It’s the movie they wanted to see when they were 16. A true film about the real things in life. Interview with the creators of Cœur de slush, in theaters this Friday 16 (no, that’s not fortuitous).

“Completely”, confirms Mariloup Wolfe (Arlette), who signs her fourth feature film here, recently met at the chic Roseline wine bar, boulevard Saint-Laurent, of which she is the new co-owner. “I would have liked to see a film like that because the character of Billie is inspiring, she is candid, endearing. We want to be like her: she’s fun, she has a nice circle of friends, a nice sisterhood, and she’s a dream come true with her love story. »

Remember that the film, which stars Liliane Skelly in the role of Billie, tells the story of her 16-year-old summer, from her first love to her first sentence, including her first time.

The director, a big fan of films of the coming of age genre, had deliberately not read Sarah-Maude Beauchesne’s bestselling novel (published in 2014 and sold more than 30,000 copies), before delving into the screenplay, at the author’s invitation. It was partly his “poetry” that charmed her: “his poetic voice that makes you let yourself be carried away by the narration”, she explains, a “voice” also skillfully transposed on the screen. , in texts, but also in images – emotions, dizziness and flotation included (we won’t tell you more!).

It must be said that even if the text is almost 10 years old, the subject remains “timeless and universal”, specifies the director, who has slipped here and there, in aesthetics and music, a touch of timelessness to the story, question of “expand the audience”. Hard to be dropped by the subject, whether you are 16, 36 or 66 years old, and it is wanted that way. After all, we were all 16. And we usually remember it for a long time.

Ultimately, “I think we’re sending a positive message of adolescence, Mariloup Wolfe continues, of respect, consent, and the first [sexual] relationship, without rose-colored glasses.” With an unprecedented realism, and that too, it is obviously intended, from the duration of the thing to its disillusionment: “what, is it just that? Yep: “That’s real life!” “, says the director, laughing, accomplice.

A demystification that is no stranger to the very origin of the text, as readers of Sarah-Maude Beauchesne, who has made authenticity her trademark, know. “That’s exactly why I wrote Heart of Slush in the first place! “recalls the author, who signs the screenplay here. “My goal was to tell the story of lust, sexuality from my point of view, completely authentic! »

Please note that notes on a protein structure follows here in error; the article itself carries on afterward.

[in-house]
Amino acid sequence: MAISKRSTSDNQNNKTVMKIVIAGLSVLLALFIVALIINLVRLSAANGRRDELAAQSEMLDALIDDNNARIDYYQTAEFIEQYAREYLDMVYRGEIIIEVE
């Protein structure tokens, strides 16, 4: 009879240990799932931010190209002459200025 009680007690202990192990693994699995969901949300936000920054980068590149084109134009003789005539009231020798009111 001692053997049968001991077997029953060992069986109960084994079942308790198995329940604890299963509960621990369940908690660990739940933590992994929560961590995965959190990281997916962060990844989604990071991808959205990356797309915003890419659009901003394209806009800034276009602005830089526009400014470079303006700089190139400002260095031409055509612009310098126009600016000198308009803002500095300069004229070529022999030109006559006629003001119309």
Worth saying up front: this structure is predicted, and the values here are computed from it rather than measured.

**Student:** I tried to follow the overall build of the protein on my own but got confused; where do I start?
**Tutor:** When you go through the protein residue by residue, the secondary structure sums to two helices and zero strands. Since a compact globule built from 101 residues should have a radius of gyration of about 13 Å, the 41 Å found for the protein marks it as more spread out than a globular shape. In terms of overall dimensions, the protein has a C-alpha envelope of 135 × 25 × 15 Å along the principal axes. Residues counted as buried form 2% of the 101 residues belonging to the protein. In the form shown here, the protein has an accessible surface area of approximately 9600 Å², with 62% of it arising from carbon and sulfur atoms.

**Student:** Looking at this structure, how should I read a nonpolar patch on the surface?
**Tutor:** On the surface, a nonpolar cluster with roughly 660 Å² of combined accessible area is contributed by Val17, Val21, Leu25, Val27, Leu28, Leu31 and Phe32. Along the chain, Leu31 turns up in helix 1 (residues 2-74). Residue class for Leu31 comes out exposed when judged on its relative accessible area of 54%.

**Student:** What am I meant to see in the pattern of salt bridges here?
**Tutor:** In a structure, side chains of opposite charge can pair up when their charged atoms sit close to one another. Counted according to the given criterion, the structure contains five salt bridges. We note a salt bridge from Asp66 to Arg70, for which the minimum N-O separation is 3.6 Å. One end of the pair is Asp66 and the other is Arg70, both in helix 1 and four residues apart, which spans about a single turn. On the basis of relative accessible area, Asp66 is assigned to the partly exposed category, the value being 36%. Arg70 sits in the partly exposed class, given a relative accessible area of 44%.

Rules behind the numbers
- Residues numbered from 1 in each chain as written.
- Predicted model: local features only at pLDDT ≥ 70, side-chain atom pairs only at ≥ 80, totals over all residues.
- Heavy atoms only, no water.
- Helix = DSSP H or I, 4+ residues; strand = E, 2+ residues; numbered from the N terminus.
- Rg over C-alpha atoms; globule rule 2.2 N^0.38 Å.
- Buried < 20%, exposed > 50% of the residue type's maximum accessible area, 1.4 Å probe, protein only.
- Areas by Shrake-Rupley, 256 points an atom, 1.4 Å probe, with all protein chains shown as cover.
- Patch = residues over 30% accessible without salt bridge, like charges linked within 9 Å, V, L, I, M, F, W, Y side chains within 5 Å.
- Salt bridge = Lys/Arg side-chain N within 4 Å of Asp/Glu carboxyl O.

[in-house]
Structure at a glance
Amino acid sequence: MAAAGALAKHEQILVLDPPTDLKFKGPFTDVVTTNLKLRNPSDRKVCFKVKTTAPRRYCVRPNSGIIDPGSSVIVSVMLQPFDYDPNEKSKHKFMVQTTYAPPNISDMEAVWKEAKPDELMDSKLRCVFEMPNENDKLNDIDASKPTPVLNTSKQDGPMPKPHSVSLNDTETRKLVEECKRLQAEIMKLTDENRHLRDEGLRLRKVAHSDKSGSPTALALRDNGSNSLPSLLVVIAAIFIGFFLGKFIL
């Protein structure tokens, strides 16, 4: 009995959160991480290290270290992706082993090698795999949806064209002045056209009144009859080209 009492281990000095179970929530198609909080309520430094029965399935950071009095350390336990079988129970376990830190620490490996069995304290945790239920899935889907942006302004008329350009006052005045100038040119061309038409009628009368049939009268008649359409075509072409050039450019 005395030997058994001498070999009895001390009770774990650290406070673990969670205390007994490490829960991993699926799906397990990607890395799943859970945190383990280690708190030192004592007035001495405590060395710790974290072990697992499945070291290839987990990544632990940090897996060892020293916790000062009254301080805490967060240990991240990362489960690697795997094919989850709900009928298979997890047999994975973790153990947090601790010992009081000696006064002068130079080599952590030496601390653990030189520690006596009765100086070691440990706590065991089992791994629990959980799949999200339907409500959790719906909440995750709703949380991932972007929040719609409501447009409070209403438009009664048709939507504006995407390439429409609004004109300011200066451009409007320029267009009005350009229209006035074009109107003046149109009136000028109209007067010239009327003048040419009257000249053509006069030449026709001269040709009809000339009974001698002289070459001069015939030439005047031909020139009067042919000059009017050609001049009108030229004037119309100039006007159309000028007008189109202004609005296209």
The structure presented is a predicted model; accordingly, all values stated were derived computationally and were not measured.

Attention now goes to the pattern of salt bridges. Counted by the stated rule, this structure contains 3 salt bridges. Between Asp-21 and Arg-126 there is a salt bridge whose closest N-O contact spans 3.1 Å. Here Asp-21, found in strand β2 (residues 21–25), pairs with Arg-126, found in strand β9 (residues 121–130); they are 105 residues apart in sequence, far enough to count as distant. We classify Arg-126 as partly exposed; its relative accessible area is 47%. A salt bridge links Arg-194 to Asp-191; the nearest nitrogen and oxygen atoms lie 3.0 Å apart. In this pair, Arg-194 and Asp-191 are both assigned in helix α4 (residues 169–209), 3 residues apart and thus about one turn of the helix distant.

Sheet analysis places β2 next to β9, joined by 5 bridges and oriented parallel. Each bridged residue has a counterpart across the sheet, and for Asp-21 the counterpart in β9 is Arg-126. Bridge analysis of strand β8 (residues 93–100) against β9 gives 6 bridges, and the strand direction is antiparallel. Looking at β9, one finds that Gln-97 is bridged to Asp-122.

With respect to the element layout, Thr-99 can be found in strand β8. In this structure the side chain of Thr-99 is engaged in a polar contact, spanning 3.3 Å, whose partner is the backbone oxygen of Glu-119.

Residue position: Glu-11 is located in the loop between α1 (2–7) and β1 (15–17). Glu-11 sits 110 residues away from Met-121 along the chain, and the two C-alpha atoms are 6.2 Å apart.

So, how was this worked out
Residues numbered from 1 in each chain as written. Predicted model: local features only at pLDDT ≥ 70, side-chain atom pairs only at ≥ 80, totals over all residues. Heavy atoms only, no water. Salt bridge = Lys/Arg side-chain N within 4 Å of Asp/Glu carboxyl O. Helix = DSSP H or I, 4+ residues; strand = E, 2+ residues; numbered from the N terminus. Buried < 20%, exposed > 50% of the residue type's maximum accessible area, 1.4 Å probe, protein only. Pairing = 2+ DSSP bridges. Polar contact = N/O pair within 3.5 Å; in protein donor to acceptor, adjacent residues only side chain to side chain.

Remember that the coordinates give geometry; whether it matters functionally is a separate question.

Which is not the case with many films for teenagers, let’s be frank. “I grew up with teen movies where it’s always the nerdy girl who ends up with the popular guy!” “Says in turn Camille Felton (Noémie – Le secret), who here embodies Annette, the perfect big sister, also Billie’s love rival. “But fuck the bratty guys!” “, she launches, welcoming the finally cheerful moral of Cœur de slush: “Friendship and fraternity reign above all! she summarizes. The important thing is to be well surrounded. »

Even though she’s only 23, Camille Felton wouldn’t have hated to hear that kind of younger message: “So much,” she said. It might have changed the way I see things: the famous guy endorsement that values ​​us women so much. High School Musical, that was it! “, she laments.

As for Liliane Skelly, who embodies the famous Billie, with a resemblance as fair as it is striking (a little makeup and dyeing extra), she confirms to be very close to the character in life as well. “Compared to living late in relation to his friends, to wanting to live magical moments,” slips the 18-year-old actress, seen in District 31.

She does not hide it, she has grown up with this film. In good. “I learned to love myself through Billie,” she said. She has my body, she is clumsy, but even if she is not perfect, she assumes herself. And then she learned a lot about life, too. And not least. “It’s okay not to be perfect, there are imperfect love affairs; there is beauty, there is ugliness, but even if it is not perfect, she concludes, that does not mean that it is not worth living…”